It has been some time since we posted our market update on UltraHD, and we promised to provide further posts on just what UltraHD is, particularly now in the latter part of 2016. This post covers the key technologies as a primer.
The industry sees UltraHD as a set of four key technology areas:
- High Dynamic Range/Wide Colour Gamut
- Next Generation Audio
- High Frame Rate
It is important though to see these as a menu rather than a recipe for next generation entertainment experiences. What we mean by this is that creating an UltraHD experience, you can pick some items from the menu rather than being required to use all the ingredients in the recipe.
When we published our white paper, the main focus was on 4K resolution, or more precisely 3840×2160 pixels. However in line with the view that better pixels is key rather than number of pixels, it is today accepted by many that 1920×1080 pixels is included in the UltraHD experience as long as it is used alongside High Dynamic Range/Wide Colour Gamut and at a minimum frame rate of 60fps (50fps in other markets like Europe). It also includes 8K, or more precisely 7680×4320 pixels, but this is something that is only really in the labs and demonstrations at this point. It is also important to point out that resolution (as well as the other key technology areas) is very much a property of both content and display, and there is full scope for up and downconversion at the device end to maximise the quality of the experience for the viewer regardless of the content or display resolution.
High Dynamic Range/Wide Colour Gamut
A key area of UltraHD is about making ‘better’ pixels and not just more, and this is where HDR/WCG comes in. HDR and WCG accomplish better pixels by increasing the range of content/display brightness and the range of displayable colour respectively, providing a more realistic image to the viewer.
HDR maps the digitisation of light levels in a useful way that creates a non-linear relationship between the digital representation and actual light levels (also done in Standard Dynamic Range using a different curve) known as a transfer curve. The two leading techniques are Perceptual Quantiser (PQ SCTE ST.2084) and HLG (ITU BT.2100) and focus on improving light level reproductions at low and high light levels as shown on the following charts.
There are other transfer curves in use and development and the selection and use of which curve is something to be saved for a whole lot longer post (or consulting engagement).
WCG in UltraHD uses a new colour space defined by ITU BT.2020, as opposed to the HD ITU BT.709, as represented by the following colour space diagrams with the triangles representing the colour spaces for each respectively, here shown using 10bit sampling levels.
The use of 10bits is not absolutely required but the additional digitisation precision that it brings over 8 bit significantly would remove the banding that would be introduced by increasing the colour gamut range without increasing the number of digitisation points.
Next Generation Audio
Existing video services are provided with multichannel audio ranging from stereo through to 5.1 and 7.1 reproductions, using standards based audio such as PCM, Dolby and DTS. New developments in audio are moving from channel based to object based audio, where separate audio sources are filtered, boosted, mixed and rendered on the client device based on information about the device, speaker and room configuration, as well software control. This space is defined by Dolby and Fraunhofer at this time, with AC-4 and MPEG-H respectively. This is designed to improve the audio experience as for the visual experience through ‘better’ vibrations. These developments are not part of the current generation of services in the main but will be a mainstream part of any 2017/2018 developments.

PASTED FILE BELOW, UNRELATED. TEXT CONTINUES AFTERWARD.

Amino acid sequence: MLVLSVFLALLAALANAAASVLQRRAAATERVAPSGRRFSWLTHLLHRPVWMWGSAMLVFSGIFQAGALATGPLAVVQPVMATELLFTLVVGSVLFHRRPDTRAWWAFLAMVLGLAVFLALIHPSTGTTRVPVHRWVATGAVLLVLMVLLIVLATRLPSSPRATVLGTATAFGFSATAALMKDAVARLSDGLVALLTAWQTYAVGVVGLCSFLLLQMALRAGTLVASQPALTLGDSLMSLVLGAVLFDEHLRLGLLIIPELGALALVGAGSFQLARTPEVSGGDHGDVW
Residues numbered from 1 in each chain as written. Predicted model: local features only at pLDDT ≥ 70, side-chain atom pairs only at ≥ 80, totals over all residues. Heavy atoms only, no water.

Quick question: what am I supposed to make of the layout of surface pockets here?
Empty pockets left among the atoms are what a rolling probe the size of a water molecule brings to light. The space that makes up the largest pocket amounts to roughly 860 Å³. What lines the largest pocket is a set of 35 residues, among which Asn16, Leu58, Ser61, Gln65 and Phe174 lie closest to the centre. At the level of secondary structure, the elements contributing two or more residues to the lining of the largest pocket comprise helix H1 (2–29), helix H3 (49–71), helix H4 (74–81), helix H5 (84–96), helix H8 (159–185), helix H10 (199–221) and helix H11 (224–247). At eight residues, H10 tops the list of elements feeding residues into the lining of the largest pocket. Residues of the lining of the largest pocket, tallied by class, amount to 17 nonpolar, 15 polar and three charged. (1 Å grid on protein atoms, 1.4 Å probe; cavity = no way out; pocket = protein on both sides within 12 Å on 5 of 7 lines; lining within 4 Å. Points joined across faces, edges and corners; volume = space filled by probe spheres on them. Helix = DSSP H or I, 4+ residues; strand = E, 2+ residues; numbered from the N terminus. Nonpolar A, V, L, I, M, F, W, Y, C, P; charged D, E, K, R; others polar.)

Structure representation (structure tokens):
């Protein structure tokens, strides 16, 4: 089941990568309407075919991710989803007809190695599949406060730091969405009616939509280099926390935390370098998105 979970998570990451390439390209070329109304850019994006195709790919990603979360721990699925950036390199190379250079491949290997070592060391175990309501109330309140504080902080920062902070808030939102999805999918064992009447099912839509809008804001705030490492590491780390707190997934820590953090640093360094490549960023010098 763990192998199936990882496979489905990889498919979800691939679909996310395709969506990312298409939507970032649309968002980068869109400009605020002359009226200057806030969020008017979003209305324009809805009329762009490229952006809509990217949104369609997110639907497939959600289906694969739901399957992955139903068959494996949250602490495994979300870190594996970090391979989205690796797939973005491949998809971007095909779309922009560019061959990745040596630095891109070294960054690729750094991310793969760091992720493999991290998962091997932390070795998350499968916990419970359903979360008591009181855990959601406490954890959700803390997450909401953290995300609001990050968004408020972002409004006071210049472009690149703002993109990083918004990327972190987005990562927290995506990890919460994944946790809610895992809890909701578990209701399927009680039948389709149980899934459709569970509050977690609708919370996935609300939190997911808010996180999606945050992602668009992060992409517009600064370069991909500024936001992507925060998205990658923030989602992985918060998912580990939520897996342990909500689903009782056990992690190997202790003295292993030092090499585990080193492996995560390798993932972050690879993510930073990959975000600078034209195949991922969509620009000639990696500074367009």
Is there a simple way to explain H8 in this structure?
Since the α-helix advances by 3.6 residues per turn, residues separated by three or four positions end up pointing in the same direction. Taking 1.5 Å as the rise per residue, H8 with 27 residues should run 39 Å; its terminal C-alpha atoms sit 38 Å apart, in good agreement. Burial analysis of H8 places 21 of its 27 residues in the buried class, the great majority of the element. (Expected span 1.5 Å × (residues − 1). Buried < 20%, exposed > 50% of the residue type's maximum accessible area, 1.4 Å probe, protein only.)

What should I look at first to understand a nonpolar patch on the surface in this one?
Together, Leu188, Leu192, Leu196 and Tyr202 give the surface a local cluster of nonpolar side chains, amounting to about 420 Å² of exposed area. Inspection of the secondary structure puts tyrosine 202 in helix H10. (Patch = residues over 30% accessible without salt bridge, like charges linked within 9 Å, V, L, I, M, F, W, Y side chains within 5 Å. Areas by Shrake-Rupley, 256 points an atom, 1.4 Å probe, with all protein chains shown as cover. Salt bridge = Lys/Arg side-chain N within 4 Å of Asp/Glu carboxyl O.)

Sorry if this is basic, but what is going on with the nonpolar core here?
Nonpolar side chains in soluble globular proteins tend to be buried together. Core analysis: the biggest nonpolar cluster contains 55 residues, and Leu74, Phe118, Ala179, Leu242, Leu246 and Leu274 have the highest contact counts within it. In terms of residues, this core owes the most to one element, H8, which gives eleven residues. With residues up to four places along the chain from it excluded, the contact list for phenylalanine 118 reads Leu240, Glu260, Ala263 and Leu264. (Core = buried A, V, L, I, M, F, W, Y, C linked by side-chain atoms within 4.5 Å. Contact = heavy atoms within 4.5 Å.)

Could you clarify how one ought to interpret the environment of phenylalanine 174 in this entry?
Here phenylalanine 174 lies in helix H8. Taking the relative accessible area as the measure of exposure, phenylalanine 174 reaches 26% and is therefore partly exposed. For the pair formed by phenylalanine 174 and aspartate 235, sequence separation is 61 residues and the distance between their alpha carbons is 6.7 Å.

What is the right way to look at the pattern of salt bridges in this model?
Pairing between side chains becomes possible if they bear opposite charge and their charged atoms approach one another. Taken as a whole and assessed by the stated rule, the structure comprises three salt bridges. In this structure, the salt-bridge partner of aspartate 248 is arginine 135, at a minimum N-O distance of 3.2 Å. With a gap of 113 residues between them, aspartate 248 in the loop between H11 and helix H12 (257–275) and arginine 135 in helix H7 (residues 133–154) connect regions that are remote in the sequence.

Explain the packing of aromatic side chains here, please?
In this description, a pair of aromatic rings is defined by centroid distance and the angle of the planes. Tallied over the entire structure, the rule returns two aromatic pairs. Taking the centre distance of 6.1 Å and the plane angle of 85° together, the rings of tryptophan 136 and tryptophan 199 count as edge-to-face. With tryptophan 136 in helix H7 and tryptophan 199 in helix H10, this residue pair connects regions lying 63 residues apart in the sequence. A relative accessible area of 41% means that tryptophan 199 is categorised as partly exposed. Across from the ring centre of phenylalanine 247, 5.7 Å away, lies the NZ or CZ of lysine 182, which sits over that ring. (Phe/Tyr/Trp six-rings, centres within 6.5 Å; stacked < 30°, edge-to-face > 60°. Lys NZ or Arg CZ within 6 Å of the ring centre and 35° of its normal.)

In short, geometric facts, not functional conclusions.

High Frame Rate
Existing HD services are transmitted using 25/30 frames per second or even 50/60 frames per second in some situations, particular for content where there are large amounts of motion. Much work has gone into the improvements that even higher frame rates can provide and there is significant benefit in picture quality and viewer experience. There is also the need to reduce the negative impacts in spatial bandwidth requirements from objects having to move more pixels for the same physical movement – a property noticeable when objects ‘jump’ or smear across screen more in a 4K image than in a 2K image.
However HFR use is dependent upon having the content made with higher frame rates, but there are some advantages seen from using it as a pure display technology. The lack of content (movies are generally produced in 24fps/48fps/60fps only currently) and technical issues with silicon and display interconnect technology limits its use in the short term. Certainly content organisations like the BBC see definitive improvements with frame rates exceeding 100fps particularly with respect to Sport however we will need to wait for technology to mature further as well as content to be produced. Definitely something that will be progressed in the 2017 to 2020 period with standards ahead of technology in this area.
This has been a very high level view of the four key technology areas of UltraHD and that you now have an appreciation of what it is but without much of the technical detail below the key definitions. If you wish to know more about the technical details and the latest status of these, Fairmile West is working with clients in developing and deploying UltraHD video solutions and devices and we are available to take you deeper into the key technologies and developments of UltraHD on request.
In addition we work with clients on technology strategy and product delivery through three key practices in Consumer Devices, Video Services and Business Development. If you are interested in learning more about what we do, please do get in touch via our website – Contact us.